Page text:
PESD has studied natural gas for a number of years, with previous research examining the factors driving the success or failure of international gas infrastructure projects, the role of LNG in connecting what were previously regional markets, and the potential for natural gas to play a larger role in China and India. A key observation of previous research was the importance of a reliable investment climate and assured demand in enabling the development of the especially capital-intensive infrastructure (LNG or pipeline) required for gas transport. Today, research on natural gas markets is as relevant as ever due to a convergence of factors. The US-led revolution in techniques for extracting unconventional gas has overturned previous assumptions about global gas supply and in the process called into question the viability of traditional gas pricing regimes as well as assumptions of an inexorable march towards market globalization through LNG. Climate mitigation pressures also put the spotlight on gas, which at half the carbon intensity of coal in power generation probably offers as much potential for near-term greenhouse gas emissions reduction as any energy supply alternative.
Our current research on natural gas is focused on Asia and particularly on China, where even a modest increase in natural gas usage at the expense of coal would have massive benefits for climate change mitigation. Natural gas makes up only about 4% of China's energy supply at present, but any finding of substantial unconventional gas resources in the country would immediately align domestic gas development with both energy security and air quality goals. As it is, the government is already moving aggressively to increase gas supply through construction of LNG terminals and pipelines from Central Asia. As we have seen in the case of coal, idiosyncratic pricing structures and forms of industrial organization in the Chinese gas sector are causing significant distortions in the market, and new models are increasingly being sought by the government. More generally, China faces a policy challenge common to many countries desiring to expand their gas markets: how to encourage domestic utilization of gas through attractive pricing for consumers without deterring investment in domestic gas resources or making imports non-competitive.
Our planned new research on Chinese gas markets centers around three main questions. First, how will Chinese price reforms shape patterns of gas use and use of competing fuels? A proliferation of new gas supplies in China, including imported ones, has put extreme pressure on the country's cost-plus pricing model, leading to speculation that China will try to shift over time to pricing that is more closely connected to what end users are willing to pay for gas. Our research methods in this area will include both systematic case study work and construction of quantitative models for gas markets under different policy constraints. Shanghai and Guangdong are promising regions for study because of their diversity in both gas supply sources and end uses.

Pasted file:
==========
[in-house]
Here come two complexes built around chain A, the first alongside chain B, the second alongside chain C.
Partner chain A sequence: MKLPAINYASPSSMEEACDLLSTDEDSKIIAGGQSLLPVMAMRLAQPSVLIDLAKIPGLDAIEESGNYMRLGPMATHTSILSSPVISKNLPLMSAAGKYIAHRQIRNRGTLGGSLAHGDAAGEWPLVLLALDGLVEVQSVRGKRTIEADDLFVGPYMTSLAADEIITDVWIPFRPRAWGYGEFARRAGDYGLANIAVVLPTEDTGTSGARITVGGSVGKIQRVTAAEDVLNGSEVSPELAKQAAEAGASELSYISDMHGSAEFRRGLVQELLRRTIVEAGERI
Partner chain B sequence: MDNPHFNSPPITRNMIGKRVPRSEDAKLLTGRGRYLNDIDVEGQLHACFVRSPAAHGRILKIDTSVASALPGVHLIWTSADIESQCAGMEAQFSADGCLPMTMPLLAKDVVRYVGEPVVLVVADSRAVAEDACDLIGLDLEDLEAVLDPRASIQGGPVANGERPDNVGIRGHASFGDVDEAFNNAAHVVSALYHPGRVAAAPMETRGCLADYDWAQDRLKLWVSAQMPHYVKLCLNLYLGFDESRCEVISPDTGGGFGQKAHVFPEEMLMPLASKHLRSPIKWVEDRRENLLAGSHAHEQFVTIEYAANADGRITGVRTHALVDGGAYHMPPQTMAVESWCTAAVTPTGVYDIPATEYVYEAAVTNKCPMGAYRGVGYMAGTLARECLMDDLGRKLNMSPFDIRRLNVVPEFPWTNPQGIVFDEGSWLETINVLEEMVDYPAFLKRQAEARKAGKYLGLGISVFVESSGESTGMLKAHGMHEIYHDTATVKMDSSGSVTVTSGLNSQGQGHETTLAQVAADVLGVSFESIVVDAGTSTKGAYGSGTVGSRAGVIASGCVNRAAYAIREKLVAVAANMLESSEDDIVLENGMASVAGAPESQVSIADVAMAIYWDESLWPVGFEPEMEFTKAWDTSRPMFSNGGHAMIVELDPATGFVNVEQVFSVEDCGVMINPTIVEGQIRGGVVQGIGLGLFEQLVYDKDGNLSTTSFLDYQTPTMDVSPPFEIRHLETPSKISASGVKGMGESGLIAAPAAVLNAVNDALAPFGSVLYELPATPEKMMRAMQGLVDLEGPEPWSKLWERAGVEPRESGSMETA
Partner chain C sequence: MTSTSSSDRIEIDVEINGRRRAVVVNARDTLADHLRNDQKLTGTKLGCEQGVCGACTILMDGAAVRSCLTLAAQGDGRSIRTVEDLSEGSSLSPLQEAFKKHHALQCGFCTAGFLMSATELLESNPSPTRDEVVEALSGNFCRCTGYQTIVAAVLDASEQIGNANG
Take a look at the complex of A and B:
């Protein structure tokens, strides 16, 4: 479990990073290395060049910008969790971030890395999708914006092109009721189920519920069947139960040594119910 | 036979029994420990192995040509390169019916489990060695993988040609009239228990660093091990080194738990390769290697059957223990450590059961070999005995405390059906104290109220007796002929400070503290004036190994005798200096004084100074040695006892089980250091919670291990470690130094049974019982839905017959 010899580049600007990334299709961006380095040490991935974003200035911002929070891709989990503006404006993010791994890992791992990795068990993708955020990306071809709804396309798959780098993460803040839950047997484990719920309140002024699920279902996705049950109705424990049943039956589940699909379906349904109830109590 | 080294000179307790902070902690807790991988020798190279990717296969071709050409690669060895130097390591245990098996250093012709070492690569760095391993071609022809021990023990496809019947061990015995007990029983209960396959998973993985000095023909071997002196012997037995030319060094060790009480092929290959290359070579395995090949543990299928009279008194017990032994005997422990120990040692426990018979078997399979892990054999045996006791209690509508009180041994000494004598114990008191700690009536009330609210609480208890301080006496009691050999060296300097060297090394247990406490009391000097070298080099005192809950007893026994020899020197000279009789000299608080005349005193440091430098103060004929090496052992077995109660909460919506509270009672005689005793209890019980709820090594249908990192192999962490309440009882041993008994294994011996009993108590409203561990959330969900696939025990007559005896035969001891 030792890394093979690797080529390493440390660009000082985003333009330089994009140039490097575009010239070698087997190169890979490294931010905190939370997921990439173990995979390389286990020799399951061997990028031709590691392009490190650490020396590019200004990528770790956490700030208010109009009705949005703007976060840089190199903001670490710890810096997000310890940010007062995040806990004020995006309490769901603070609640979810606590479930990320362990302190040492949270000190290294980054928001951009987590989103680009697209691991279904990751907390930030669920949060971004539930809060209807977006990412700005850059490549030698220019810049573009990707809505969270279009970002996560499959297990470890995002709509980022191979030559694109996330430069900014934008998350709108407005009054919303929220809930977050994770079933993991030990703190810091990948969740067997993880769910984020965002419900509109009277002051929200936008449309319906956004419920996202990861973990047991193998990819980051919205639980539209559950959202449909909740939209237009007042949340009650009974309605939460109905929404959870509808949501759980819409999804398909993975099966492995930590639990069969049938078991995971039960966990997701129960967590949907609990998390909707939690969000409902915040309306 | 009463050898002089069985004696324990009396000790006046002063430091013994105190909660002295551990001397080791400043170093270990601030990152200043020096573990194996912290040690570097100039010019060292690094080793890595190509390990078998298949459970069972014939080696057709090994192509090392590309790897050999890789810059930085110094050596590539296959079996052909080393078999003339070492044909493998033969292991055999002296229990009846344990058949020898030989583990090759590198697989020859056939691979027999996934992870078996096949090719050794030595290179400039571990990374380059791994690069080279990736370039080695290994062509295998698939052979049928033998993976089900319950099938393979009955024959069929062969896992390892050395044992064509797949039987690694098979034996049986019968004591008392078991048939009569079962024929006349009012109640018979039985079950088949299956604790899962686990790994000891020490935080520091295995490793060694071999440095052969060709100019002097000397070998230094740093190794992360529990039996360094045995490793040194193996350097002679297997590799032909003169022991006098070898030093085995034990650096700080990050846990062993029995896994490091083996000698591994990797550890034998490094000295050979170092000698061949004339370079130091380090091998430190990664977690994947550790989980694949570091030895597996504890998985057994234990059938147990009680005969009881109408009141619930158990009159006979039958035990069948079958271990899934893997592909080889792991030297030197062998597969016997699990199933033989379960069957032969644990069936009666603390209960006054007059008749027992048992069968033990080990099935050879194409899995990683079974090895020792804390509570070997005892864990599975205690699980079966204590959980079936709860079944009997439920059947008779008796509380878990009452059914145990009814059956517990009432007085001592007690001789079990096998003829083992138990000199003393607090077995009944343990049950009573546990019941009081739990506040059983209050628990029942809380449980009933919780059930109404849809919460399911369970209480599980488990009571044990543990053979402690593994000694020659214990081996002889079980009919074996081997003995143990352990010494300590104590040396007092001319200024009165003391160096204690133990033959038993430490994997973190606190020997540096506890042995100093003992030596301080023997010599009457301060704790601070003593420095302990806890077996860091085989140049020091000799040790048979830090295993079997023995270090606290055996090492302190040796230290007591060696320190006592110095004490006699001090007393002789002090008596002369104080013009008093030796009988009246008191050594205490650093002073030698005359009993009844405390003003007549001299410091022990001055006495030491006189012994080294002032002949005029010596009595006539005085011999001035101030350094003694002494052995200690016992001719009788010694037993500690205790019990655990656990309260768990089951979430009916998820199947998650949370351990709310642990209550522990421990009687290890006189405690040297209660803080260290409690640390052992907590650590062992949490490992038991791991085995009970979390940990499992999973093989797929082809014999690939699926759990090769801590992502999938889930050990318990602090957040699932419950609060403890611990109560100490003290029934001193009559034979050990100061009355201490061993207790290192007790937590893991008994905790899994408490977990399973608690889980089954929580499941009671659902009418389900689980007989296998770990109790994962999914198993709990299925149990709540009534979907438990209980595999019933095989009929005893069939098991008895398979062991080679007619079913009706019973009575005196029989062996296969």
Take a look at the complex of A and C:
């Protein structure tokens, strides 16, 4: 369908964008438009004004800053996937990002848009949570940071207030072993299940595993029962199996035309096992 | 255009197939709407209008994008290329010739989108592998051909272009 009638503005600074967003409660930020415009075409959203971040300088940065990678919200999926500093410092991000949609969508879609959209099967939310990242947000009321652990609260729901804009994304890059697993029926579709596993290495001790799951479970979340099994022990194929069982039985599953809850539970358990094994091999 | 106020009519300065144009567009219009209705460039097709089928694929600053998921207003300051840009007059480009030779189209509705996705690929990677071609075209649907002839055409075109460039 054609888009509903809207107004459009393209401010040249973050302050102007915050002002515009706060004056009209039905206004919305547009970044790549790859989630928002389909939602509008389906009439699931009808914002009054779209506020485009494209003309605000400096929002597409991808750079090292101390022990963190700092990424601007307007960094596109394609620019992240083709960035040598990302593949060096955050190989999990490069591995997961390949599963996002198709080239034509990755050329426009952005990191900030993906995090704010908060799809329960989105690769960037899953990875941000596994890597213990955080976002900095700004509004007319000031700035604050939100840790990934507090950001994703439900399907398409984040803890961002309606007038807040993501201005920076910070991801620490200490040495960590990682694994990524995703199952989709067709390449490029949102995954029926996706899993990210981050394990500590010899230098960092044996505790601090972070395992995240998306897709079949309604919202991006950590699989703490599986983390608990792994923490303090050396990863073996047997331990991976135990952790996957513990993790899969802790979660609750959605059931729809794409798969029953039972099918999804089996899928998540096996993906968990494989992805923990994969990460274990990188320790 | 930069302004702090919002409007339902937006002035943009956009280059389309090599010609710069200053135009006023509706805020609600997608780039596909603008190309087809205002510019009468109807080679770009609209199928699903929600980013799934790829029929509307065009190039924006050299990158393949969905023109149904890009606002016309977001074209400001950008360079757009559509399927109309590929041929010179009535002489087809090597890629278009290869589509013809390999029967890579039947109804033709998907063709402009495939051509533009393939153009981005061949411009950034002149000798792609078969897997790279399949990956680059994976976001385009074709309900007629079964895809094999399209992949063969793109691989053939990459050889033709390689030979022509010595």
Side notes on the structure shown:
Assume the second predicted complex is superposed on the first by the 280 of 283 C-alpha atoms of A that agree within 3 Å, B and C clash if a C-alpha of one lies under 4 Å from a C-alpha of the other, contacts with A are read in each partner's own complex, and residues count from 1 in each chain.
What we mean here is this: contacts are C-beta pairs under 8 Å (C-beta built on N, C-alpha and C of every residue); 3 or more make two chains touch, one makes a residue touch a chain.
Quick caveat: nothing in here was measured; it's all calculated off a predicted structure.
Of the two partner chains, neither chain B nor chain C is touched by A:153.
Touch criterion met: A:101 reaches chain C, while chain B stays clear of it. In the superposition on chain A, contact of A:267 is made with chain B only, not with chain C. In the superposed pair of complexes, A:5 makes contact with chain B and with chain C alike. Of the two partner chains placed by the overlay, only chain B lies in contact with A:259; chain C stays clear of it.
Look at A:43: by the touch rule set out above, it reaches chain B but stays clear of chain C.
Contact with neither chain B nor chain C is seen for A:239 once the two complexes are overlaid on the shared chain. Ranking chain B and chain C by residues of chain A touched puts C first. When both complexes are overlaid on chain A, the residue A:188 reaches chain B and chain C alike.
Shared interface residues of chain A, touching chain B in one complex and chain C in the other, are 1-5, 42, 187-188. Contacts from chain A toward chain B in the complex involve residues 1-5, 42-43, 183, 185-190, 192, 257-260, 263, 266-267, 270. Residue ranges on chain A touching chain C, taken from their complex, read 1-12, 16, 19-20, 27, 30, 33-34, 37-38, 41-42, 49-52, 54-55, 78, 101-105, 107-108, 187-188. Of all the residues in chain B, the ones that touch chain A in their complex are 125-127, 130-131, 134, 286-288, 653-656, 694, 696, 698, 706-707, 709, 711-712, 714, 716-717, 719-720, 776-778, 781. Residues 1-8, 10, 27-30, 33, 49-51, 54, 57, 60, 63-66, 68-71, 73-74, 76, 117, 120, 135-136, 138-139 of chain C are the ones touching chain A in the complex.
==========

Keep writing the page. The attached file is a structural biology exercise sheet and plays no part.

Second, how does the political economy of the Chinese gas industry influence market outcomes? Upstream activities in gas are dominated by state-owned oil companies, while gas distribution and sales functions are controlled by a wide range of players including local governments and private and foreign enterprises. The structure of the coal industry is in some sense the inverse, with a multiplicity of coal producers selling to a limited number of state-owned power companies. We hypothesize that the differences in the respective structures of the gas and coal industries will affect how these fuels compete against each other in applications like power generation.
Third, what is likely to be the industrial structure of an emerging unconventional gas industry? This work will involve comparative study of shale gas and coal bed methane (CBM) development in China, the US, and possibly other regions with significant unconventional resources. One of our broad hypotheses is that the different investment profile of unconventional gas, which requires continuous new drilling to keep the gas flowing, might lead the industry to develop a characteristically different industrial structure from conventional hydrocarbon development. The US is an important case as the only country that has developed unconventional gas resources on a large scale thus far, while China merits study as the country for which significant development of unconventional gas would arguably have the most significant impact on global climate policy and energy markets.